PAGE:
This shocking statistic prompted Ambitious to take action against one of the biggest - yet largely ignored - issues in the UK today.
Research has shown that whilst millions of young people with Autism have the skills and personality to succeed in the world of work, very few are given the chance to realise their full potential. Many struggle to find employment after graduation, with more than 50% doubting they'll ever have a job. The reasons for this are numerous: stress, lack of confidence, etc. But they're not the only ones with problems.
To this day, there are still employers who don't understand Autism and they feel uneasy about hiring somebody with the condition. This leads to all sorts of discrimination; and sometimes, Autistic employees have lost their jobs as a result.
With all this in mind, Ambitious was determined to make a change.
On February 2nd, the organisation hosted its first ever youth-led national conference at Santander UK, Triton Square, London. The aim was for invited guests - employers and young people - to interact with each other and learn how they could work together to make employability more accessible in the UK.
The event began with Youth Patrons speaking about their personal experiences with Autism in the workplace. Then David Moore (Head of Health, Safety and Well-Being at Santander) gave an account of an Autistic employee who was almost terminated unfairly, because of a misunderstanding with his condition; emphasising the importance of Autism awareness training.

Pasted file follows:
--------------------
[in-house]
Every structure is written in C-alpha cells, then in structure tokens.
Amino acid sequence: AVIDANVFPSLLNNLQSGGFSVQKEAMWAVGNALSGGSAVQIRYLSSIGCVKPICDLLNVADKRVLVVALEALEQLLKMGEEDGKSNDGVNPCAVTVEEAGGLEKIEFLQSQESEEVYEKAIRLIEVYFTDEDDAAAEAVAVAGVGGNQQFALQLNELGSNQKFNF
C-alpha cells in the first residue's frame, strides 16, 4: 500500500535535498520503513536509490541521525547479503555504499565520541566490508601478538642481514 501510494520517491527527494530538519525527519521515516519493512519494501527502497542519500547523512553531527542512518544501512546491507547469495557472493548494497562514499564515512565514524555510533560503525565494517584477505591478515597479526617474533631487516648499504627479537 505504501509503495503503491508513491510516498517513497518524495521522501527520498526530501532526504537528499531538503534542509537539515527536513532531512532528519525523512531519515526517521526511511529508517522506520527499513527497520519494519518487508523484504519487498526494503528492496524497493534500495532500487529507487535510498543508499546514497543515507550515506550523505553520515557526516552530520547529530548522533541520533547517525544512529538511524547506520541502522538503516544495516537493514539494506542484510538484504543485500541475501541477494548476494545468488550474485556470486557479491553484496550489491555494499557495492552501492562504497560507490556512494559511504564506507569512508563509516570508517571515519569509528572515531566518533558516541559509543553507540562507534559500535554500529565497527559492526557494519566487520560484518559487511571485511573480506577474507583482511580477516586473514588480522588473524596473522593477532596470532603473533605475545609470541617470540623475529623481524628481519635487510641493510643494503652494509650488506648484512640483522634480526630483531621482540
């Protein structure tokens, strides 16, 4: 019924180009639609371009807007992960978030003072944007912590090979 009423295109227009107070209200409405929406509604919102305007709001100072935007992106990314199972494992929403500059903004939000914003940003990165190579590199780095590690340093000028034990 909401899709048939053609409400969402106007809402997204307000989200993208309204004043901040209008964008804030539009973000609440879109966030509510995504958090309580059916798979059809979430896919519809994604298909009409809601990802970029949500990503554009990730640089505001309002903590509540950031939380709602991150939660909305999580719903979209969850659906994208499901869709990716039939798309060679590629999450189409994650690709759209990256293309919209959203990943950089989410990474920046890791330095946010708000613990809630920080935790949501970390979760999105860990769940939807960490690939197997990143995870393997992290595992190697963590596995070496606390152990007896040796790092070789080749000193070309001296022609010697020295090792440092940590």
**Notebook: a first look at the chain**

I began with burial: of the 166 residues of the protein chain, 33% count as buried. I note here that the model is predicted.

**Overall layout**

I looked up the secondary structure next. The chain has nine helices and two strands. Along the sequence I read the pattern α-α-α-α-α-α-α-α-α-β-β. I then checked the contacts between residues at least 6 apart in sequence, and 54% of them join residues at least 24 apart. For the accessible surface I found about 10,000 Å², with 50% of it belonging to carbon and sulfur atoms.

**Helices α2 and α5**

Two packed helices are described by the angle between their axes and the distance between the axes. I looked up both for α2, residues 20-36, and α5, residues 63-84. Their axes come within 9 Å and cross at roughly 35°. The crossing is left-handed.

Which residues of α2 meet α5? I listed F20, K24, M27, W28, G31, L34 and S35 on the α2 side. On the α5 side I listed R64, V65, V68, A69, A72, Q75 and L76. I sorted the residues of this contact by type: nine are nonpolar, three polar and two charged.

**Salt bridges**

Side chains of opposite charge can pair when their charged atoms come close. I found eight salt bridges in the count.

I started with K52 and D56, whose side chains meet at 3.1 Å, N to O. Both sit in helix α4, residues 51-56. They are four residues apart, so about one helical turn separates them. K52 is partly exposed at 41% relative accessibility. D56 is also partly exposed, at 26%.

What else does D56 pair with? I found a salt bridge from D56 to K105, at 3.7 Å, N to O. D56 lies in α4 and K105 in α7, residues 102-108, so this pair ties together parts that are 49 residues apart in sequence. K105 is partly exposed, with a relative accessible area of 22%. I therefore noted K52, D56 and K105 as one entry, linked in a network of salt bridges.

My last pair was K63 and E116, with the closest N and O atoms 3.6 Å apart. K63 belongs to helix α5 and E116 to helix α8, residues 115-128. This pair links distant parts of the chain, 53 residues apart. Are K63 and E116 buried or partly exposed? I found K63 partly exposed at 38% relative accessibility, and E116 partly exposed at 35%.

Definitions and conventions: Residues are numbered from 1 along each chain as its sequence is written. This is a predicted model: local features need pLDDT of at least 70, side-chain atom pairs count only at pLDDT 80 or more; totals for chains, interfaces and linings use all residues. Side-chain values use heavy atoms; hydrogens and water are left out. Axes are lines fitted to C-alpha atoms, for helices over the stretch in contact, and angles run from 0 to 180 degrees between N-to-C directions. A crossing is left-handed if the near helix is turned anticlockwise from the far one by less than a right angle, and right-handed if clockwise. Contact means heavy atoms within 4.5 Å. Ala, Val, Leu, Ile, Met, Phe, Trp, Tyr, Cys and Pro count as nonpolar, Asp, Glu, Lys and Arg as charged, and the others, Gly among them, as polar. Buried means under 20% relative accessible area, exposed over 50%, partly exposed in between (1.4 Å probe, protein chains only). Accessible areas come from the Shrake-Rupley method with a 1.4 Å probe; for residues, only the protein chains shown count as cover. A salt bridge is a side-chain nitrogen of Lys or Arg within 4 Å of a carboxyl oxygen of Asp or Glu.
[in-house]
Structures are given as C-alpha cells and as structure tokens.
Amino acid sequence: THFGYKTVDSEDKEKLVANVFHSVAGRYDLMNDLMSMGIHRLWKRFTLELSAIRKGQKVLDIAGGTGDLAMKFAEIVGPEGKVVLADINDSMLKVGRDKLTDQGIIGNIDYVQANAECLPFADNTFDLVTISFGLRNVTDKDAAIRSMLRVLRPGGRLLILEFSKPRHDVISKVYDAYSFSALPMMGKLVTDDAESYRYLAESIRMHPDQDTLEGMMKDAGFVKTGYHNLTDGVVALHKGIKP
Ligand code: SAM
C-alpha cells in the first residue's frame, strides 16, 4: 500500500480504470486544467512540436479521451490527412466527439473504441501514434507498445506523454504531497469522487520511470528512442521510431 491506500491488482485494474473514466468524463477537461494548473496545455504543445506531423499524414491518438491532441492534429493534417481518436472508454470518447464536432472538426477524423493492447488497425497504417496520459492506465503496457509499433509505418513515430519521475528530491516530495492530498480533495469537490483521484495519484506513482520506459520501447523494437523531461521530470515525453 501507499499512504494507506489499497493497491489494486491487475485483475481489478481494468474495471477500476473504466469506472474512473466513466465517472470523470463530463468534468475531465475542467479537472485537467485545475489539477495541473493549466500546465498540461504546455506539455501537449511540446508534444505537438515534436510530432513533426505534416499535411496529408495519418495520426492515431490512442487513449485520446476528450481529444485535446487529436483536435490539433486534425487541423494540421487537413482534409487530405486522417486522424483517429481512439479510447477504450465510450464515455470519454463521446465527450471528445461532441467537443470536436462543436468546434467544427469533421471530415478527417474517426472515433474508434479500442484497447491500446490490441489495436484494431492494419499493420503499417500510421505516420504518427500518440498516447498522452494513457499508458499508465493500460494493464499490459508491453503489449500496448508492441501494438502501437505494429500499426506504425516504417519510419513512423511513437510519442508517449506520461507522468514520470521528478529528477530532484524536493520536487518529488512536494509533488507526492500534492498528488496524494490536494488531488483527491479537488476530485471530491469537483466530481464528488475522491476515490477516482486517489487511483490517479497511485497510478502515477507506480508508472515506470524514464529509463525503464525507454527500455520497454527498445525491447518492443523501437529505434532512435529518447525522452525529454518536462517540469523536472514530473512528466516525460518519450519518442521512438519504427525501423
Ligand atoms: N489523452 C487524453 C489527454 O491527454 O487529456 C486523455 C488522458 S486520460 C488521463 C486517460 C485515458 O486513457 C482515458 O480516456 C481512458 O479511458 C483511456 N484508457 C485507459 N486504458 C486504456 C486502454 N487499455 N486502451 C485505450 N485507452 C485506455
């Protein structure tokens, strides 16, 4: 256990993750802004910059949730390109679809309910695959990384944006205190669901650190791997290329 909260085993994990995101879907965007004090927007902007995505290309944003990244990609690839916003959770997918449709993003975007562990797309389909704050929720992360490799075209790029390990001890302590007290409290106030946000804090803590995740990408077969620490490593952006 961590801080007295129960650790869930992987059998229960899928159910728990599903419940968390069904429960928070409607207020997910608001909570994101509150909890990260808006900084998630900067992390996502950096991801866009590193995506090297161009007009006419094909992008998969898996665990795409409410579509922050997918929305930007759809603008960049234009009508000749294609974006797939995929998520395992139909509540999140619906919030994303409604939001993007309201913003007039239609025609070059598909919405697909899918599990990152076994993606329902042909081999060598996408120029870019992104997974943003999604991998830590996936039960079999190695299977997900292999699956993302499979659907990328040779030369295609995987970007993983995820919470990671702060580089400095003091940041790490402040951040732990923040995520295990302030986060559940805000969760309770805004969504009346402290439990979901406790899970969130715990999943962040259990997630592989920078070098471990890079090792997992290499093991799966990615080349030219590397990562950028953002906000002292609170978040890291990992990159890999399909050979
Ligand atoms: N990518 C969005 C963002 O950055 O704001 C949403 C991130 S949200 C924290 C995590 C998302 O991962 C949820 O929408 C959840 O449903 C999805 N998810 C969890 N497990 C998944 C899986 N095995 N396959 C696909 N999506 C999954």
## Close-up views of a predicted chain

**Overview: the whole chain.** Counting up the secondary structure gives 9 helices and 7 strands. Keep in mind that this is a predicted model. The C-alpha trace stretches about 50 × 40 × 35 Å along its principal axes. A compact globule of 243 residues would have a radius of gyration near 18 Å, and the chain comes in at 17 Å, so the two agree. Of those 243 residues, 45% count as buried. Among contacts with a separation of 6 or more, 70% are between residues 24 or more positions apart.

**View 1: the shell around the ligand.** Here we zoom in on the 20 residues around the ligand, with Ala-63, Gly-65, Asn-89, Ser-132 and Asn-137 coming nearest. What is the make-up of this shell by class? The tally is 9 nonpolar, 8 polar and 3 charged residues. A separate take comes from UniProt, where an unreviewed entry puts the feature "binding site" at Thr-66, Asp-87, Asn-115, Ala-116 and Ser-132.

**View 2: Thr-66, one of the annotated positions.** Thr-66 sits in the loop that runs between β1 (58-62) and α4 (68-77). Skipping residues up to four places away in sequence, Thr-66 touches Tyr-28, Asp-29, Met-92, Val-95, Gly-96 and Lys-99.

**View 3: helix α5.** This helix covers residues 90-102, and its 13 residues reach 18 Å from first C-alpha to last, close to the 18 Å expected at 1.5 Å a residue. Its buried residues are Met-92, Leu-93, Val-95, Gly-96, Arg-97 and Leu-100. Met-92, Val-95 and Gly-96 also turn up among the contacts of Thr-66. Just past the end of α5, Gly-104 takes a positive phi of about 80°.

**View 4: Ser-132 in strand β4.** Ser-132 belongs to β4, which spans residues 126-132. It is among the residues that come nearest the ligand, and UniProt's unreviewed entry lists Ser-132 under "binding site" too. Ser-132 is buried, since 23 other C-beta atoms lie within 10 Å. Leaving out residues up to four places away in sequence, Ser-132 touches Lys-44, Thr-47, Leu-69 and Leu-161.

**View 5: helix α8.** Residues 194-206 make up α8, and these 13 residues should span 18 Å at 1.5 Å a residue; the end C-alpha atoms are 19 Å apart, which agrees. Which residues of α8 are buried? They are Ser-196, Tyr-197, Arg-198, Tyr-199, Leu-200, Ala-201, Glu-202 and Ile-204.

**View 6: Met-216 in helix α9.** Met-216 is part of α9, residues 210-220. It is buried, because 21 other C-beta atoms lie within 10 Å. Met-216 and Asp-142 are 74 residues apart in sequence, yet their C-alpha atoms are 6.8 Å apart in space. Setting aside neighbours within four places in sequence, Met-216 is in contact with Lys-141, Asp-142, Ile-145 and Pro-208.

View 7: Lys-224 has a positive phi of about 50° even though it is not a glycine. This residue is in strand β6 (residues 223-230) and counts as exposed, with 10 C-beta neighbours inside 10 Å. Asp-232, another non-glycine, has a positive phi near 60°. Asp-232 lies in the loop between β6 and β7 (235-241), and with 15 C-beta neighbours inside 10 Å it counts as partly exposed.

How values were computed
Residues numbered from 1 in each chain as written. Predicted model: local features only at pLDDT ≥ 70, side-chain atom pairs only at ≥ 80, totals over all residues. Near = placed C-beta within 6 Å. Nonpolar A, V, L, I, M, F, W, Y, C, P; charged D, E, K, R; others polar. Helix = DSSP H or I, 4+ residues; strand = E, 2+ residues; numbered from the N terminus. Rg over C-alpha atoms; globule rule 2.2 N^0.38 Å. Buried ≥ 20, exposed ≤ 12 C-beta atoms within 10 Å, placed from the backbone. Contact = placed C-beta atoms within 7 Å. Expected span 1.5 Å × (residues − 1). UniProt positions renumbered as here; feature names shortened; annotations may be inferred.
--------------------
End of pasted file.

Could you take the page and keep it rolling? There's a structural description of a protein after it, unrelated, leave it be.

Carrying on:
That afternoon was spent conducting workshops. Young people received advice from leading help organisations on subjects like independence, workplace interaction, interview skills, and stress and anxiety management. Whilst Ambitious staff taught employers the benefits of hiring people with Autism.
The day concluded with a Q+A panel discussion; highlighting what steps needed to be taken next and what was already in place (e.g. the Job Centre Plus 'two tick' scheme).
All in all, it was a very productive day. Everyone communicated well with each other; sharing their opinions and giving clear professional advice. Employers left with a firmer grasp on Autistic behaviour; young people were more confident in their abilities; and even Youth Patrons felt closer to their desired jobs - myself included.
The best part is it's not over yet. Ambitious still has big plans for Employ Autism and we intend to promote it throughout World Autism Awareness Month this April.
A lot of heart and collaboration went into putting this campaign together. But none of it would be possible without the support we receive. So to everyone reading this article; all the young people who attended the conference; all the Youth Patrons and staff who gave speeches; and all the employers who took the time to help us make a difference; thank you.
Together let's continue fighting for the day when everyone can succeed in jobs they so rightly deserve.